On the issue of recent leaks concerning future immigration from the EU, Labour Leave is concerned that these proposals strike the wrong note in terms of both policy and sentiment

We applaud efforts to improve the job security, opportunities and wages of the domestic labour force, particularly at the lower end of the income scale, but this can only work as part of a broader solution including apprenticeships, improved training, a reformed system of vocational qualifications and a serious look at our education system.

However, we recognise that migration from the continent provides many substantial benefits, both economic and cultural. Maintaining strong bonds of friendship and exchange with the continent is absolutely essential, and must be one of the primary principles of any post-Brexit settlement.

Sentiments also matter. These are delicate times, and the government needs to accurately reflect the view of the British public: we are Europeans, and migration from the continent, provided that it is not on an unmanageable scale, is a core part of our society, our economy and our history. To create an unnecessarily unwelcoming and ungrateful atmosphere would be a catastrophe."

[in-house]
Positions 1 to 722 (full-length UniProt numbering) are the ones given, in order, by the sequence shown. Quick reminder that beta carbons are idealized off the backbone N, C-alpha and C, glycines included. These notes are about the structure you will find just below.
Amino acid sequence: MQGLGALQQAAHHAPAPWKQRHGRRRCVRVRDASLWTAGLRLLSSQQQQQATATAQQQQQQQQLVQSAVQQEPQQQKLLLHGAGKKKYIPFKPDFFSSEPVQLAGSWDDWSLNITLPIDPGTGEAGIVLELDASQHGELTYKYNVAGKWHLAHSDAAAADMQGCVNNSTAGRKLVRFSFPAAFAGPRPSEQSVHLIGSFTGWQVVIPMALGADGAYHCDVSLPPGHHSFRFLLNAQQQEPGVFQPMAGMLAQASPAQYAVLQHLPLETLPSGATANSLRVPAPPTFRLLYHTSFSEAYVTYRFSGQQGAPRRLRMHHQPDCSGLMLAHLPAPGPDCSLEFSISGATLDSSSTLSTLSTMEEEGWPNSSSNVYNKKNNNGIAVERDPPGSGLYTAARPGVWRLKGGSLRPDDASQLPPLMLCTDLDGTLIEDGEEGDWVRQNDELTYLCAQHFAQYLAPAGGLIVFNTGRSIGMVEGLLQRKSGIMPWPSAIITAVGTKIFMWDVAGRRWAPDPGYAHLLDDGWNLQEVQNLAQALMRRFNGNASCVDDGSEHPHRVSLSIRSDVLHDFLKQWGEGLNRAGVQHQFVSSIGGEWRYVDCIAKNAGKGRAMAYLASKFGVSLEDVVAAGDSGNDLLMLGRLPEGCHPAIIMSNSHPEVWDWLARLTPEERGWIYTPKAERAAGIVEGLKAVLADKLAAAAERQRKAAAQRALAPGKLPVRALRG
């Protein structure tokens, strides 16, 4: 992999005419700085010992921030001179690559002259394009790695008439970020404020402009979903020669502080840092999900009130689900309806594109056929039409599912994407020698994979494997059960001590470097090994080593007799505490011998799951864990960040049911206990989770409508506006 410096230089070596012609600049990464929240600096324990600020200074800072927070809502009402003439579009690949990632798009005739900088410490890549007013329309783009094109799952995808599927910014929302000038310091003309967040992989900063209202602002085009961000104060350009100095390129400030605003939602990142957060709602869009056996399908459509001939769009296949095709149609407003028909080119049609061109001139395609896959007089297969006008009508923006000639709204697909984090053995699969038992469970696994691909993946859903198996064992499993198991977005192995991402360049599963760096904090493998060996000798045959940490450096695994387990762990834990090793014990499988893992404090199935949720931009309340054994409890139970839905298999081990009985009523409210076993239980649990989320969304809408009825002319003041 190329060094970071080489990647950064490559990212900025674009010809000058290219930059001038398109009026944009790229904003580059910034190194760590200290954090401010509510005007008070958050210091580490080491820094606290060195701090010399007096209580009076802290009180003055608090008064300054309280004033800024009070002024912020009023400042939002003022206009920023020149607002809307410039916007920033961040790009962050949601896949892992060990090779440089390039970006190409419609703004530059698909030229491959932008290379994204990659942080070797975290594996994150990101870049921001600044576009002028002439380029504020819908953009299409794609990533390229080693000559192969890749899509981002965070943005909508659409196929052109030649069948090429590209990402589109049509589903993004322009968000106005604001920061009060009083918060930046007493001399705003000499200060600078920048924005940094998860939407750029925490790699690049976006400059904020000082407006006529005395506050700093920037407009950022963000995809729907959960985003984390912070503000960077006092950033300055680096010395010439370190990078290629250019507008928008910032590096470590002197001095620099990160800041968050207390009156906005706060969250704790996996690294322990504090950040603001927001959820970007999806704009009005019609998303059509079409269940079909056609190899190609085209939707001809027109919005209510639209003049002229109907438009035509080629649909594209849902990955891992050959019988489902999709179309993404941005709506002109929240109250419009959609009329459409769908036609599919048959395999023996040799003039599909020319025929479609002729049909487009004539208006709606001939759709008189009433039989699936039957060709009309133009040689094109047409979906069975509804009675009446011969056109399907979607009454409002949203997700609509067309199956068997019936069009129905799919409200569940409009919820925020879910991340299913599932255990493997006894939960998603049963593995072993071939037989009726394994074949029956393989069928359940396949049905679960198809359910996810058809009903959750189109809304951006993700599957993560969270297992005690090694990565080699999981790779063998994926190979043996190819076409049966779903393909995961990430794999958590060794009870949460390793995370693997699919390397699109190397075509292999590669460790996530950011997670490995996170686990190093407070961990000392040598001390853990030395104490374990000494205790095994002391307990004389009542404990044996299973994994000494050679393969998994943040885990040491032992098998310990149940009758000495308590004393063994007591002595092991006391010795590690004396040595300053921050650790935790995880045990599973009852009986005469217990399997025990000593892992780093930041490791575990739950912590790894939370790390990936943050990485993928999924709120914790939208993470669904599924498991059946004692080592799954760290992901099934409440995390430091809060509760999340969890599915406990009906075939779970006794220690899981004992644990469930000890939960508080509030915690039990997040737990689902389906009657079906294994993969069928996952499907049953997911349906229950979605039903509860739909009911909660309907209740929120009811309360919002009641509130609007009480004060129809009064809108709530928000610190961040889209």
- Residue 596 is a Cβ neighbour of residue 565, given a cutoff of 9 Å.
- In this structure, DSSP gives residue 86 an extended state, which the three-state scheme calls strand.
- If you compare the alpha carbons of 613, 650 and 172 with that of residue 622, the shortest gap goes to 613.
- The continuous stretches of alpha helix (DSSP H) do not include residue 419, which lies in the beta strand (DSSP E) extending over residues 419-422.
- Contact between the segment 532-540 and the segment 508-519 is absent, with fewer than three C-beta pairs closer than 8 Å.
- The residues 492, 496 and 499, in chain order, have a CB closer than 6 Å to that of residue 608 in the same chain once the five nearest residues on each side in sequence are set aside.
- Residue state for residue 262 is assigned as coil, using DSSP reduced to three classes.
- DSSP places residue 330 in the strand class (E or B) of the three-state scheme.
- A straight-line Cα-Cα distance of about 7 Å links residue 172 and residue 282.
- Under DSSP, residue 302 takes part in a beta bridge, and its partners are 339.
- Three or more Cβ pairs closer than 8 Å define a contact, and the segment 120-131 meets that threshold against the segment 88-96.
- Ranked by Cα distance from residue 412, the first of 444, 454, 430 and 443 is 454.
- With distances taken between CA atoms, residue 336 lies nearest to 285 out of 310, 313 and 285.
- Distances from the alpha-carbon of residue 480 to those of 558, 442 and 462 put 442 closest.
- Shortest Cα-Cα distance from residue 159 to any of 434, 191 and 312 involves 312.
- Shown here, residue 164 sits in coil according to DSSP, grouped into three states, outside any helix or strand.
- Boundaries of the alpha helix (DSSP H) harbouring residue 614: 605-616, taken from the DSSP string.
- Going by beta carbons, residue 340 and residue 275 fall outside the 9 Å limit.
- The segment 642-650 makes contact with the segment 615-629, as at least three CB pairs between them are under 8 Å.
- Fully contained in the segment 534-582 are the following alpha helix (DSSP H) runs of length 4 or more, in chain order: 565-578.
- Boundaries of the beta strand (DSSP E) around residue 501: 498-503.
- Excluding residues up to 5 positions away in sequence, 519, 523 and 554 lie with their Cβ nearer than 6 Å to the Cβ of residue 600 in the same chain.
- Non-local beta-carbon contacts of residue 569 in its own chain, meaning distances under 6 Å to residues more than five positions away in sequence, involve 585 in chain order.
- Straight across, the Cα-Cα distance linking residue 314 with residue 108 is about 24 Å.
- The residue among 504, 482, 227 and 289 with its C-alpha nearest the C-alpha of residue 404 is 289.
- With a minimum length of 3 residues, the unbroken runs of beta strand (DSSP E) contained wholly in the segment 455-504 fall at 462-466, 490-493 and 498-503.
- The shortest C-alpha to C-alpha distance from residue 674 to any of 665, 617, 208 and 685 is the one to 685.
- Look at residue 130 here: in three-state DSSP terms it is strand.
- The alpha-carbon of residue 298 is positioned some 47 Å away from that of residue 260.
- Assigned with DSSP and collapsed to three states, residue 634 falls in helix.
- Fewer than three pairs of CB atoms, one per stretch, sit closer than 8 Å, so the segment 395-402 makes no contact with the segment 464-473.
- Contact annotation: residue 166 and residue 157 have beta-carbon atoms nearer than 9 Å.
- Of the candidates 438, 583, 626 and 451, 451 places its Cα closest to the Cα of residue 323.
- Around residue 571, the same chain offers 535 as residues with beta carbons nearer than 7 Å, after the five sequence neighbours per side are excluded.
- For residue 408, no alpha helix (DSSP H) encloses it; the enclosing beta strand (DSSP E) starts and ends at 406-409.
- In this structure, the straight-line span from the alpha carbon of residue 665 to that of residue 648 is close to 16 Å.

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Clarity on Transitional Arrangements

"Labour Leave welcomes the recognition at the top of the party that clarity is needed on Brexit. A transitional agreement is now – unfortunately - largely unavoidable due to the manner in which both the government and the EU have conducted negotiations thus far.

What is key, however, is that any transitional agreement is strictly time limited and should be no longer than two years. If withdrawal cannot be negotiated in four years when Article 50 specifies it can be achieved in two, then something is seriously amiss.

More concerning is Kier Starmer's claim that Labour may seek to make such transition permanent. Not only would this make sections of Labour's own manifesto impossible to implement, it would represent a substantial U turn from the party leader. To campaign on a "fudge" for the purpose of gaining votes only to then back 'soft Remain' would be considered a serious betrayal by many current and former Labour voters - of whom nearly 4m voted Leave.

Holding out the prospect of permanent soft Remain status only gives the EU further encouragement to delay, obfuscate and ultimately give Britain the worst deal possible. It would be unwise to think that voters won't recognise these risks. The danger is that the Labour Party will then be blamed by the electorate if we finish up with a deeply unsatisfactory outcome to the Brexit negotiations.

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Labour Leave will campaign to achieve a fair deal from Brexit negotiations. We recognise the will of the UK public and will hold the government and the Labour Party to account.

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